Make your way downhill from the protea section, along the right hand edge of the Dell, following one of the myriad paths that eventually lead to the lower gardens. Common and conspicuous birds of the cultivated gardens are Cape Francolin, Helmeted Guineafowl, Cape Robin, Karoo Prinia, Southern Boubou and Lesser Double-collared Sunbird. Species found here that are characteristic of more wooded environments in the Cape are Red-chested Cuckoo (calling September— November), Black Saw-wing Swallow (summer), Speckled Mousebird and Bully Canary. Passing the Aloe Garden (6), look carefully at Kirstenbosch’s unusual Fiscal Shrikes, which show a patchy white eyebrow, characteristic of the northern Cape subspecies. Before leaving, it is worth visiting the small marsh (7) that lies below the old parking area. Here, the noisy Grassbird, Levaillant’s Cisticola and Common Waxbill vie with the ceaseless chorus of Cape Chirping Frogs (Arthroleptella lightfooti) and Clicking Stream Frogs (Strongylopus grayii).

The forests high above Kirstenbosch are the haunt of the localized and reclusive Knysna Warbler (p.32*), a southern Cape endemic which lurks in the forest understorey, giving a beautiful song but obstinately resisting attempts at a clear view. Birders who enjoy hiking and decide to venture up to the top of Skeleton Gorge in search of Knysna Warbler might consider a round trip, returning behind Castle Buttress and down Nursery Ravine. This moderately strenuous half-day walk along orchid-lined streams quickly elevates one from the hustle and bustle of the city suburbs below and into the calm sanctum of Table Mountain’s southern reaches. Although Knysna Warbler occurs along the length of the Skeleton stream, it is perhaps most easily seen in the bracken-dominated section at the head of the gorge, where the path climbs out of the rocky riverbed. On the mountain top, a pair of Black Eagles regularly hunts, Black Swifts nest in the cliffs at the top of Nursery Ravine, and Cape Siskin (p.33*) and Ground Woodpecker (p.105*) occur on the rocky crags of the buttress proper. The unrivalled elusiveness of the Striped Flufftail will become immediately apparent to anyone following up the bizarre cackles and hoots that emanate from the denser fynbos.

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4 Crassula Way, Pinelands, 7405, Cape Town, South Africa

27/09/09: Dalton Gibbs reports back from Gough Island! Read the blog!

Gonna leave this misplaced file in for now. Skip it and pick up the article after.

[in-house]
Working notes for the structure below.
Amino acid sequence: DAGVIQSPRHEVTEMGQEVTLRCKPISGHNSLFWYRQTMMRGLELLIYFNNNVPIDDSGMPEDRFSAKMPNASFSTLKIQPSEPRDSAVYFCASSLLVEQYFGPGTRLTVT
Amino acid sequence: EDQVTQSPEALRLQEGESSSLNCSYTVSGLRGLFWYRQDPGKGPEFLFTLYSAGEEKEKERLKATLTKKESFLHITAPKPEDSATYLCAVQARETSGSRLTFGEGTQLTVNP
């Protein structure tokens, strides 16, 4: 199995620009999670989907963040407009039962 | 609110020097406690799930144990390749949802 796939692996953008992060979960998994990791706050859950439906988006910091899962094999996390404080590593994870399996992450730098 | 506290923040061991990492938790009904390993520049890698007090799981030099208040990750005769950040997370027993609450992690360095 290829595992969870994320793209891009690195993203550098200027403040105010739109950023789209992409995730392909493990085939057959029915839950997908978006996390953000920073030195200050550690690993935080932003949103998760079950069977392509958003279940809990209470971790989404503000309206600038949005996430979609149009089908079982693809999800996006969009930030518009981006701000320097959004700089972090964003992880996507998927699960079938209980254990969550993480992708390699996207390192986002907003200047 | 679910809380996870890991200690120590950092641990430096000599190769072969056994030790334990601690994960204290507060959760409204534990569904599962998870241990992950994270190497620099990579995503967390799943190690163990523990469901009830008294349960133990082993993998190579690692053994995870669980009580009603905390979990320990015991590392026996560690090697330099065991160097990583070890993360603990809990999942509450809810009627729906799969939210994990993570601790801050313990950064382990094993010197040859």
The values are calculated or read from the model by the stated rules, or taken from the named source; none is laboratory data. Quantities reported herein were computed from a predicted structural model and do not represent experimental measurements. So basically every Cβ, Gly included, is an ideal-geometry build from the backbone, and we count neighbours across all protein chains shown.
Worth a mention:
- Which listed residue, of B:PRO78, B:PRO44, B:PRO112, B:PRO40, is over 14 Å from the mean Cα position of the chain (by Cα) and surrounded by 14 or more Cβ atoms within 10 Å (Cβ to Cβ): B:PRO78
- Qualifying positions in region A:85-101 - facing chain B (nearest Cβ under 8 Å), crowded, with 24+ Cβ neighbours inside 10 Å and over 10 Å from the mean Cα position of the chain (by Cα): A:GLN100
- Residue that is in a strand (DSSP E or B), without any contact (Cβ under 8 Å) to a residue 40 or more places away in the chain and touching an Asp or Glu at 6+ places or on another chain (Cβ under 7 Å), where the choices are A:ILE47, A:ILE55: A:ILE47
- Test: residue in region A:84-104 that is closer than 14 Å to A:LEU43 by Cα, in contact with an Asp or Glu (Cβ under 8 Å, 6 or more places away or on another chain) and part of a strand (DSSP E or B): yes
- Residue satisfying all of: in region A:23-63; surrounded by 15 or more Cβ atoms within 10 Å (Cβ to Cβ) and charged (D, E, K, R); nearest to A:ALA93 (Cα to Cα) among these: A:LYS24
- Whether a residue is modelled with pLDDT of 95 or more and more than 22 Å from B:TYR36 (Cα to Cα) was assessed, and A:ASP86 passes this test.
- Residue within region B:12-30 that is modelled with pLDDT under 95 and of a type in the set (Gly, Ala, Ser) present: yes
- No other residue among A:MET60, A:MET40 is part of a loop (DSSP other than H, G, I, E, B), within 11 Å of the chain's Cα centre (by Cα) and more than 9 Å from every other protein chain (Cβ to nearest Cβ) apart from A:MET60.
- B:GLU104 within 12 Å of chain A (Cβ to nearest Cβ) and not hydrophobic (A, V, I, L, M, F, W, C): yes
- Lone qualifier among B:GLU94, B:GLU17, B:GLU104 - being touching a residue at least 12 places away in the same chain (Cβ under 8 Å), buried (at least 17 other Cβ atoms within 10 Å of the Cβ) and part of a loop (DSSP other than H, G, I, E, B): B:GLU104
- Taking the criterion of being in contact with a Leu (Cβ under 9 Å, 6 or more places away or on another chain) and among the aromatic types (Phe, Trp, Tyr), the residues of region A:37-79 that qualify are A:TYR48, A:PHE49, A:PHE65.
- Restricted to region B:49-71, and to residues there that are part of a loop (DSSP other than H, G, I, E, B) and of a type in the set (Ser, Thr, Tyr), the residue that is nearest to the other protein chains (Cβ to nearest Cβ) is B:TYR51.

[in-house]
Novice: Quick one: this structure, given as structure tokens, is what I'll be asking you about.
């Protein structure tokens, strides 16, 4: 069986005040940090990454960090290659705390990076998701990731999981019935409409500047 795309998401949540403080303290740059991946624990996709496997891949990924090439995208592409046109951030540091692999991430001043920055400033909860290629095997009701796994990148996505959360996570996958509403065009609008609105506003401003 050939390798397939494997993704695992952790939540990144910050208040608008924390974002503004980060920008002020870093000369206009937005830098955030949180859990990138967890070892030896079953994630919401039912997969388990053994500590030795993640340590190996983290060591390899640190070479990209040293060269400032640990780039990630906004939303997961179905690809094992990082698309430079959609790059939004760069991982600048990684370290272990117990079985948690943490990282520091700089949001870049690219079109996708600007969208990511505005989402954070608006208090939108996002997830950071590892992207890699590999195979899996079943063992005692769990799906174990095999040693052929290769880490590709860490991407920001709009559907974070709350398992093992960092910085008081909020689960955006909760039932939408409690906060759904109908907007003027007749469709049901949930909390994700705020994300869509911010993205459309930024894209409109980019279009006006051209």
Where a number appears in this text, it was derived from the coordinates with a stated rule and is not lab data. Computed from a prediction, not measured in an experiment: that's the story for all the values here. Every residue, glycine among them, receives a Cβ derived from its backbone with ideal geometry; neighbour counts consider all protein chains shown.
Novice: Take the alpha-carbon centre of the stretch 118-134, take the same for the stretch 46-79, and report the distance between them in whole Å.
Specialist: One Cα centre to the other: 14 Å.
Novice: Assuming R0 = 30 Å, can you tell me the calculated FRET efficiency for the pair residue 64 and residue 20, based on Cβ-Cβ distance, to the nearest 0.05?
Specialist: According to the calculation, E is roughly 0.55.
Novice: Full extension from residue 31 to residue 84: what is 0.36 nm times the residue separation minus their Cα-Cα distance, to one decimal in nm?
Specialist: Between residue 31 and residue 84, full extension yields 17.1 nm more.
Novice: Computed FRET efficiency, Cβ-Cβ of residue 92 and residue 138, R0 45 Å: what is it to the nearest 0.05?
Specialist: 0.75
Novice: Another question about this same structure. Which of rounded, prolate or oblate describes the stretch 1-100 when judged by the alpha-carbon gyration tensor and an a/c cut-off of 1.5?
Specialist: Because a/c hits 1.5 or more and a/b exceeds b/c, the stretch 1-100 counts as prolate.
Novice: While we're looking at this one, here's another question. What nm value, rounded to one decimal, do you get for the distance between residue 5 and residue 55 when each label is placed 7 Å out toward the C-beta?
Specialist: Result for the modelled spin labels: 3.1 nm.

26/09/09: New Cape Town Pelagics trip report from trips of 12 and 19 September 2009.

30/08/09: British Birdwatching Fair at Rutland Water proved very successful, with sunny weather and over 20,000 visitors. Callan's "Birding Namibia and the Okavango" was the most highly-attended lecture on the Saturday, with over 240 people. Congratulations to the winners of the Birding Africa competition and the African Bird Club raffle that we helped sponsor!

12/08/09: New Cape Town Pelagics trip reports from August and July 2009. Highlights: Little Shearwater and more!

07/08/09: The sub-adult Black Sarrowhawk visits our garden again! Read on about Raptor Research in the Western Cape.

27/07/09: Cape Town's Verreauxs' Eagle Chick has grown! And its sibling never had a chance to hatch. See the pictures of the chick, its nest and the breeding pair. Find out more about the Western Cape Raptor Research Programme.

27/07/09: To follow modern nomenclature and systematics, we've adopted the IOC World Bird List, Version 2.1.

13/07/09: The 8th African Bird ID Challenge has launched! Win a 50% discount on a Cape Town Pelagics trip, a copy of Southern African Birdfinder, or African Bird Club membership for 1 year.

6 July 09: Cape White-eye research in our garden.

2 July 09: Cape Town's Verreauxs' Eagle Chick has hatched! See the pictures of the chick, its nest and the breeding pair. Find out more about the Western Cape Raptor Research Programme.

2 July 09: Campbell Fleming, a Cape Town scholar, avid birder and photographer, joined Birding Africa last month as an intern. Click here, to see what he got up to.

2 July 09: New pelagic trip reports from the Cape Town Pelagics trips in June 2009. Highlights: Slenderbilled Prion and Leach's Storm Petrel

30 july 09: Our latest Cape Fynbos and Karoo trip reports feature Hottentot Buttonquail, Cinnamon-breasted Warbler and other fynbos and Karoo endemics...

26 June 09: Tungsten mining threatens RAMSAR site, South Africa's Verlorenvlei. Read the Media Release.

22 June 09: Claire Spottiswoode, one of the Cape Birding Route founders, was part of the exploratory team at Mount Mabu. The mountain is part of the newly discovered largest rainforest in Southern Africa.

11 June 09: A colour-ringed Black Sparrowhawk visits the Birding Africa office garden. Read why it's a 10 months old male!

14 June 09:
Wildlife at the office of The Cape Birding Route, Birding Africa and Cape Town Pelagics.

31 May 09:
Michel Watelet wins the 7th African Bird Club & Birding Africa ID Challenge. Test your African birding skills and WIN a Birding Africa Cape town day trip or a copy of the Birdfinder!

30 May 09: A tragedy unfolds at Kommetjie south of Cape town as 44 beached False Killer Whales were shot. Click here for more details and pictures.

14 March 09: Raptor Watch in Cape Town on 14 March 09